Is mold a concern?
Indoor exposure to mold has become increasingly a concern as the public becomes aware that exposure to mold can cause a variety of health effects and symptoms, including allergic reactions. All buildings will have some background air borne molds present.
Where can mold grow?
Mold spores are found almost everywhere on the planet and mold will grow on virtually any organic substance, as long as, moisture, oxygen, and certain temperature ranges are present. Mold can grow on wood, paper, carpet, foods and even insulation.
Why is mold in my home?
When excessive moisture accumulates in buildings or on building materials, mold growth will often occur, particularly if the moisture problem remains undiscovered or unaddressed. It is impossible to eliminate all mold and mold spores from an indoor environment.
What can I do?
Mold growth can be controlled indoors by controlling moisture and indoor humidity. Since mold requires water to grow, it is important to prevent moisture problems in buildings. Water leaks or other moisture related issues once identified should be taken care of immediately. If favorable conditions for mold growth continue to be present, the prolonged time of the conditions will worsen the situation.
My house is really humid, is it an issue?
The level of humidity in your home increases every time you cook, bathe, shower, clean, or even breathe. Humidity is the concentration of water vapor present in the air. When there is high indoor humidity, there is too much moisture in the air. Excess moisture not only causes discomfort but can quickly lead to property damage and health hazards. The goal for relative humidity for indoor environments is from 30 to 60%.
In hot coastal areas, like Southern Texas surrounding the Gulf, it may be extremely difficult to meet the indoor humidity goal of 30 to 60%. In most cases, the only way to achieve this goal is with dehumidifiers. Dehumidifiers are designed to remove moisture from the air.
Properly reducing and maintaining humidity levels in your home is key to protecting the longevity of your property, valuables, and health.
What is the CMIS?
State rules require any licensed mold assessors and remediators to give a copy of this Consumer Mold Information Sheet (CMIS) to each client and to the property owner, if not the same person, before starting any mold‐related activity [16 TAC 78.70]. The CMIS is published by the State of Texas to describe the Texas Mold Regulations. The CMIS contains information on how to find a licensed Mold Assessment Consultants (MACs) and Mold Remediation Contractors (MRCs). The CMIS also provides information on when Texas regulations apply to mold found in a building, as well as, information on the Texas Department of Insurance Certificate of Mold Damage Remediation for property owners.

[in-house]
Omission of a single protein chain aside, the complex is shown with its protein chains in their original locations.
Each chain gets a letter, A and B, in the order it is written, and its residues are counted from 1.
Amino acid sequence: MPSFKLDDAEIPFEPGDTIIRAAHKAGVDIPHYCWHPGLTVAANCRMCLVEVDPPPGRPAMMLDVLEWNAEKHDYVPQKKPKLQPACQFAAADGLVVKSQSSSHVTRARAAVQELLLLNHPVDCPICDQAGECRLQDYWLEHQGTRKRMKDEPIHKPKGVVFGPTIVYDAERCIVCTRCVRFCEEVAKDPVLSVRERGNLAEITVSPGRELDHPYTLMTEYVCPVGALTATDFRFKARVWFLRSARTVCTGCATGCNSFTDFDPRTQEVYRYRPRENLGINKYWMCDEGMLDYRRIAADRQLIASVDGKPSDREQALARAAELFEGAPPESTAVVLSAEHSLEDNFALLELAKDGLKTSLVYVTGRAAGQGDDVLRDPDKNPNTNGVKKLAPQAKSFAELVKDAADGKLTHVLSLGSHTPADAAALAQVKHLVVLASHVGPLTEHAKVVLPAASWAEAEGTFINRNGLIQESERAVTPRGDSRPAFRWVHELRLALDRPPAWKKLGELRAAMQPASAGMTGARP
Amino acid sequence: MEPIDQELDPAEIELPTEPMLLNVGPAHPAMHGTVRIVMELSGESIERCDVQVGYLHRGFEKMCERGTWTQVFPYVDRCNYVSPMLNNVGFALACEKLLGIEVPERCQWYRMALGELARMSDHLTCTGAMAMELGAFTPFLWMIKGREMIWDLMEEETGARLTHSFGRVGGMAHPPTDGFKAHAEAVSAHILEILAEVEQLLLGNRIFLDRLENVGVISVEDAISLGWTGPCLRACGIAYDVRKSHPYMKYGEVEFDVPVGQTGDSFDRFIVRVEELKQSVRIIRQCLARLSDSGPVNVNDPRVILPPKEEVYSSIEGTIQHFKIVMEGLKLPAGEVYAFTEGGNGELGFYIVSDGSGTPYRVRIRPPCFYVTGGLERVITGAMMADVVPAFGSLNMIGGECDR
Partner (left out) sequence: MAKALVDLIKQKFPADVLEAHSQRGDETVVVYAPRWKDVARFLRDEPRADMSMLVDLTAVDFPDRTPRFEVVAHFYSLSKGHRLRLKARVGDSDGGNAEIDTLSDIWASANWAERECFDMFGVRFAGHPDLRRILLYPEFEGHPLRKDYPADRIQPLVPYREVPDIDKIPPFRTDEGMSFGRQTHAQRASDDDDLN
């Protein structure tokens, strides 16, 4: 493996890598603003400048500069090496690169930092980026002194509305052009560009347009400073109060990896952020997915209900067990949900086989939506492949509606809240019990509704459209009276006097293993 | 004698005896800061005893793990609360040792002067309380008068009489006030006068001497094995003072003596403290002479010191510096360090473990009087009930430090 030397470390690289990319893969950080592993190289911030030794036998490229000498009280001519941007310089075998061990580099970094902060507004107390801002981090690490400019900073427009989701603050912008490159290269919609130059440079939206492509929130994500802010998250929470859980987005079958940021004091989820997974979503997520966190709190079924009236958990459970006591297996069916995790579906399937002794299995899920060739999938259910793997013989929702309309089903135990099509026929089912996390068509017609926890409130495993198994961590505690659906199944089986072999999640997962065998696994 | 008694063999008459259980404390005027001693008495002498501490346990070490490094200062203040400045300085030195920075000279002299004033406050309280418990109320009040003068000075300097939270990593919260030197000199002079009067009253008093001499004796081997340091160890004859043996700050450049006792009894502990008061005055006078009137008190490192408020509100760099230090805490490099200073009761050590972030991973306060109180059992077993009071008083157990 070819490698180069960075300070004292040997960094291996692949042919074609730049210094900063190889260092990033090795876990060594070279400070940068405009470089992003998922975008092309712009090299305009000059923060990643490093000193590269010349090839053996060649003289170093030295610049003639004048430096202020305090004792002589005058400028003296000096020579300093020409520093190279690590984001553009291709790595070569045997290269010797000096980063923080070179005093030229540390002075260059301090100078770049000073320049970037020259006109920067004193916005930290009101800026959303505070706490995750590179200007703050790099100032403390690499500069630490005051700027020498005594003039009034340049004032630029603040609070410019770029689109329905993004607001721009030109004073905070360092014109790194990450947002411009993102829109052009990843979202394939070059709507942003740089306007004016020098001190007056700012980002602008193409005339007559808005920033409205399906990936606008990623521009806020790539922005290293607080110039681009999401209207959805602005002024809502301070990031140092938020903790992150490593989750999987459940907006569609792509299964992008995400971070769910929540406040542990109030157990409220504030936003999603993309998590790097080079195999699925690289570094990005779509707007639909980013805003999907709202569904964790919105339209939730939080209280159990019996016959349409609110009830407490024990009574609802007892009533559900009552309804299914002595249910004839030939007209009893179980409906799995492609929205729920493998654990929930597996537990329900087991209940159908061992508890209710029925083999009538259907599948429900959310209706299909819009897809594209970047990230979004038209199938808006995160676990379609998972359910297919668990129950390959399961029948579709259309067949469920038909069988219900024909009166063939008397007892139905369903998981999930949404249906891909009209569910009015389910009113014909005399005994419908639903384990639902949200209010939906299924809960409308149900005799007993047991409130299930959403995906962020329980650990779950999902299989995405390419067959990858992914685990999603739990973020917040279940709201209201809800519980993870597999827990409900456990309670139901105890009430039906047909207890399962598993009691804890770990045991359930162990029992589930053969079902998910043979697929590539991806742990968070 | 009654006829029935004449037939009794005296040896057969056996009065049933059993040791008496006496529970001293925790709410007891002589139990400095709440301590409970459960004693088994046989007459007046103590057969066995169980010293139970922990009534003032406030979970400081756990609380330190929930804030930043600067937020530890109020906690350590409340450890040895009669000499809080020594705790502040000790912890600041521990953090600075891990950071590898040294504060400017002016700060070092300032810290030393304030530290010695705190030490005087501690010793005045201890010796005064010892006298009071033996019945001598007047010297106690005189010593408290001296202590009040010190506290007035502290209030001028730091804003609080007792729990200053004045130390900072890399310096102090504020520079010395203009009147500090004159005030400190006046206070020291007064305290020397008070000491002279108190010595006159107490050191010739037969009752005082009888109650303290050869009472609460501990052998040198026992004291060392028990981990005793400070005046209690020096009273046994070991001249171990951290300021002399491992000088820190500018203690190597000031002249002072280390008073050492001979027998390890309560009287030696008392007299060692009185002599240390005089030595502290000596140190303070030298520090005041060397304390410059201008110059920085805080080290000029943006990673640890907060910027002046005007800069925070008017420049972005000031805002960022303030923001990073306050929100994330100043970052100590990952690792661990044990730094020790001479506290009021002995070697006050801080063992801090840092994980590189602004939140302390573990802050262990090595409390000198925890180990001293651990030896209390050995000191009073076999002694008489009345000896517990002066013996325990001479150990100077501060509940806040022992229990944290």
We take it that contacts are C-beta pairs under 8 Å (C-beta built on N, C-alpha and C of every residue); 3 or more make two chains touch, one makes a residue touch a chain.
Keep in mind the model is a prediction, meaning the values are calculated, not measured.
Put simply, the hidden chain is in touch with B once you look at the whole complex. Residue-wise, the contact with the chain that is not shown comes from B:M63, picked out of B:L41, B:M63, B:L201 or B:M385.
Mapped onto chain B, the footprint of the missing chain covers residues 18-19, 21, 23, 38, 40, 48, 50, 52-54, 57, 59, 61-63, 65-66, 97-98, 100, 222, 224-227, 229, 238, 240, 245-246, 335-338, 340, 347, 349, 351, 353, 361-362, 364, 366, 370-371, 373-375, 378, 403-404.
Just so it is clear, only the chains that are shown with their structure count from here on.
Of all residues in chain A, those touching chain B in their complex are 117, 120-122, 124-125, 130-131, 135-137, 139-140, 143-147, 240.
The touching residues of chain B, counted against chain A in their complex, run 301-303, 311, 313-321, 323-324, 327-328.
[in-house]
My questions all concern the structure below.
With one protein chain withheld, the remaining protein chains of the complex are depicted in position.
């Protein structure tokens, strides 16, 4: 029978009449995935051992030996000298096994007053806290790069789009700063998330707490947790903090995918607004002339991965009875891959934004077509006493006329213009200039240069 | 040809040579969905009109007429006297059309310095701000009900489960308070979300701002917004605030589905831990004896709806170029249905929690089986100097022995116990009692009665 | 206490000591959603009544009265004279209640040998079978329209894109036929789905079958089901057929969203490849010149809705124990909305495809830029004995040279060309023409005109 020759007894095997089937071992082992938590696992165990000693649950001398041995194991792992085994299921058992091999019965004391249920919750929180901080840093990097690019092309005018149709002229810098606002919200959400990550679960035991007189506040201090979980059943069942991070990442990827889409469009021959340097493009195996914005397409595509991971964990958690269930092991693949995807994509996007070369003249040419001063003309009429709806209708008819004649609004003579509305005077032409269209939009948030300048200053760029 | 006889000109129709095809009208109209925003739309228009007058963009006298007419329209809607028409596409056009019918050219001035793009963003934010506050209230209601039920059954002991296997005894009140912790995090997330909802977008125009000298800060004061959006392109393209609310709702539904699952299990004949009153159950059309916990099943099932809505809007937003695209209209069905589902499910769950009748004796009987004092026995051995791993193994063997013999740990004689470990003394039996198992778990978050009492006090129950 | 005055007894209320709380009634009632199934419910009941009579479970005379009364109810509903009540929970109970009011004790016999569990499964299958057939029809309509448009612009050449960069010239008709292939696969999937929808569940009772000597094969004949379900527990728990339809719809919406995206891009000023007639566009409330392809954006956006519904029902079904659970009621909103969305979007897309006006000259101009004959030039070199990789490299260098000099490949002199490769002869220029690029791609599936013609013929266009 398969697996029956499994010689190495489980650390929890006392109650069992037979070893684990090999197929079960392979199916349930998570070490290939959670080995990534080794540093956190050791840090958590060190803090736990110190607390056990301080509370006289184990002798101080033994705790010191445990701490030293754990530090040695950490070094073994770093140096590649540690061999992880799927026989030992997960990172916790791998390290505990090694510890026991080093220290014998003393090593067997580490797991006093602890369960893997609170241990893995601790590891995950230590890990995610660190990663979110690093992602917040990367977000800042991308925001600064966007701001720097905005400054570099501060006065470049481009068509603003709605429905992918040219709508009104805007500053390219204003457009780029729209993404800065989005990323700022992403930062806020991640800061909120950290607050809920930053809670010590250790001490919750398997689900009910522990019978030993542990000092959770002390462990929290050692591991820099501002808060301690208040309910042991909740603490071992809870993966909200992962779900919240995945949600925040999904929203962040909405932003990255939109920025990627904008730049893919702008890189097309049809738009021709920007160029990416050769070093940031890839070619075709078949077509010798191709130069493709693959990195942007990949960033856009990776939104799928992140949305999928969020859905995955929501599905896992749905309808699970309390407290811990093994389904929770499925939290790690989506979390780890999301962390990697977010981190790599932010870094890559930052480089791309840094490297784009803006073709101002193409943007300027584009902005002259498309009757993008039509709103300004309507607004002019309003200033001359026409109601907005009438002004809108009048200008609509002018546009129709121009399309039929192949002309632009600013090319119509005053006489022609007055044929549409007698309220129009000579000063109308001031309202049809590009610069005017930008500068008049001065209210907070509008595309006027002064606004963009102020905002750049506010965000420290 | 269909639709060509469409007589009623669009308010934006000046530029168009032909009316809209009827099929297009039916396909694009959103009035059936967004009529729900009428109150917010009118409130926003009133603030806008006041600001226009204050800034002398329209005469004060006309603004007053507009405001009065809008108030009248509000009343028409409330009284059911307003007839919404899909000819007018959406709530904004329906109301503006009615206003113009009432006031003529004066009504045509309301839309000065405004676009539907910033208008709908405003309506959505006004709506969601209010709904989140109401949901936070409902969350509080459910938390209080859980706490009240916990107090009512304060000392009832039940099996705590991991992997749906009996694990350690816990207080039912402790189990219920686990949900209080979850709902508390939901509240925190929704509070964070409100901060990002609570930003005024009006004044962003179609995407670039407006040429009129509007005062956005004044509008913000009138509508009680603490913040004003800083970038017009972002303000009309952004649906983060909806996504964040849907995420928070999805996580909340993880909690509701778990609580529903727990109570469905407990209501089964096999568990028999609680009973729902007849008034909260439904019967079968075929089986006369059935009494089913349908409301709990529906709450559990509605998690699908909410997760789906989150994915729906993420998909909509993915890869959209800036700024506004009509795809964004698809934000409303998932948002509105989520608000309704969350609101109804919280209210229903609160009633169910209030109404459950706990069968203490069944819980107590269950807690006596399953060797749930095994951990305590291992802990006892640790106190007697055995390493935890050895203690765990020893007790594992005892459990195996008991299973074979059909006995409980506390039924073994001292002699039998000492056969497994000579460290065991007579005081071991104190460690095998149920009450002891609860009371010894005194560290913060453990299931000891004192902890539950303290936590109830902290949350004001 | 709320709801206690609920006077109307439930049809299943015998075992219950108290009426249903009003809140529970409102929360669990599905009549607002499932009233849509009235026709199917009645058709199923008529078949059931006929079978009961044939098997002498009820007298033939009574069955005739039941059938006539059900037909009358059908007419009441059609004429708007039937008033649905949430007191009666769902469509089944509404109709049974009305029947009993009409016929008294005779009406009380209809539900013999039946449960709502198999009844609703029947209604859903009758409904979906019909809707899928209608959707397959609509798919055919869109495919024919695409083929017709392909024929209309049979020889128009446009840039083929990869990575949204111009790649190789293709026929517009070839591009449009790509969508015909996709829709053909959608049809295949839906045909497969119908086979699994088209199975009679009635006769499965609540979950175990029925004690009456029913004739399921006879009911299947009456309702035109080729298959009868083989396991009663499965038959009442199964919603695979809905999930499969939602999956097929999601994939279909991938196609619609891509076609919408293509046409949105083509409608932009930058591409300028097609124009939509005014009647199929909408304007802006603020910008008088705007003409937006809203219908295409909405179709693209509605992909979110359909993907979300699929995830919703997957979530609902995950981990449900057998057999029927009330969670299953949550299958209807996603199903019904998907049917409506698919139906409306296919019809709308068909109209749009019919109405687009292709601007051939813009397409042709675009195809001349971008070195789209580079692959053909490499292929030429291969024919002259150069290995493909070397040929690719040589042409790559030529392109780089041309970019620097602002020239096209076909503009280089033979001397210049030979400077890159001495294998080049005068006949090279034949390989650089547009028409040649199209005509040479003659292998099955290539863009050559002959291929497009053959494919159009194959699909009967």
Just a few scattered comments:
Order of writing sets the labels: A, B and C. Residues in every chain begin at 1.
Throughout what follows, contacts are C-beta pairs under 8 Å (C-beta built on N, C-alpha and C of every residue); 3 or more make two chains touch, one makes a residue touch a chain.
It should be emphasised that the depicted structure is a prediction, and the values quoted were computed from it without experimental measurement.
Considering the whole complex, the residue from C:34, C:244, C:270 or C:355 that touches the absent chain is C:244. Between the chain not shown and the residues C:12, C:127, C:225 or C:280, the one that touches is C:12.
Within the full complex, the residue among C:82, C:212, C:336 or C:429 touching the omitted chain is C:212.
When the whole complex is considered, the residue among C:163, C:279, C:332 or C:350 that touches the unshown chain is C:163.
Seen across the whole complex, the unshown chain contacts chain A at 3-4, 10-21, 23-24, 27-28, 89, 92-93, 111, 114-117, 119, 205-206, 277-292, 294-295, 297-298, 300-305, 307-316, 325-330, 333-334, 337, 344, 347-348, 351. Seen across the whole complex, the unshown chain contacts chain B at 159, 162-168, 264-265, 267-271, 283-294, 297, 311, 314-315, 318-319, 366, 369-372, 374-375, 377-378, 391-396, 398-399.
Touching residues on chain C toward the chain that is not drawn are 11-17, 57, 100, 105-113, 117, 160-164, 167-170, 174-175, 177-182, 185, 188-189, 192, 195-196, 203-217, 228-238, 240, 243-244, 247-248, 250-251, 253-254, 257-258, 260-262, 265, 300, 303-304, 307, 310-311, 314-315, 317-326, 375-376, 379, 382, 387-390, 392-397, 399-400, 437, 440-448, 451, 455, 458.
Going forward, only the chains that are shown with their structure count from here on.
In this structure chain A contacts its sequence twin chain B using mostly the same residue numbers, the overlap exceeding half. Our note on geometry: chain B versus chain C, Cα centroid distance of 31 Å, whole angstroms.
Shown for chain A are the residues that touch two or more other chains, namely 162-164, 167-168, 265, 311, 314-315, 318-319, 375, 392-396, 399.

The Consumer Mold Information Sheet can be found at https://www.tdlr.texas.gov/mld/pdf/cmis.pdf.
Does the EPA have guidelines on mold?
The Environmental Protection Agency (EPA) sets recommended guidelines to keep moisture levels at a minimum inside a building envelope. To learn more about mold from the EPA, visit https://www.epa.gov/mold.
Fix leaky plumbing and leaks in the building envelope as soon as possible.
Watch for condensation and wet spots. Fix source(s) of moisture intrusion as soon as possible.
Prevent moisture due to condensation by increasing surface temperature or reducing the moisture level in air (humidity). To increase surface temperature, insulate or increase air circulation. To reduce the moisture level in air, repair leaks, increase ventilation (if outside air is cold and dry), or dehumidify (if outdoor air is warm and humid).
Keep heating, ventilation and air conditioning drip pans clean, flowing properly and unobstructed.
Vent moisture-generating appliances, such as dryers, to the outside where possible.
Maintain low indoor humidity, ideally 30-60%, if possible.
Perform regular building/HVAC inspections and maintenance as scheduled.
Clean and dry wet or damp spots within 48 hours.
Don’t let foundations stay wet. Provide drainage and slope the ground away from the foundation.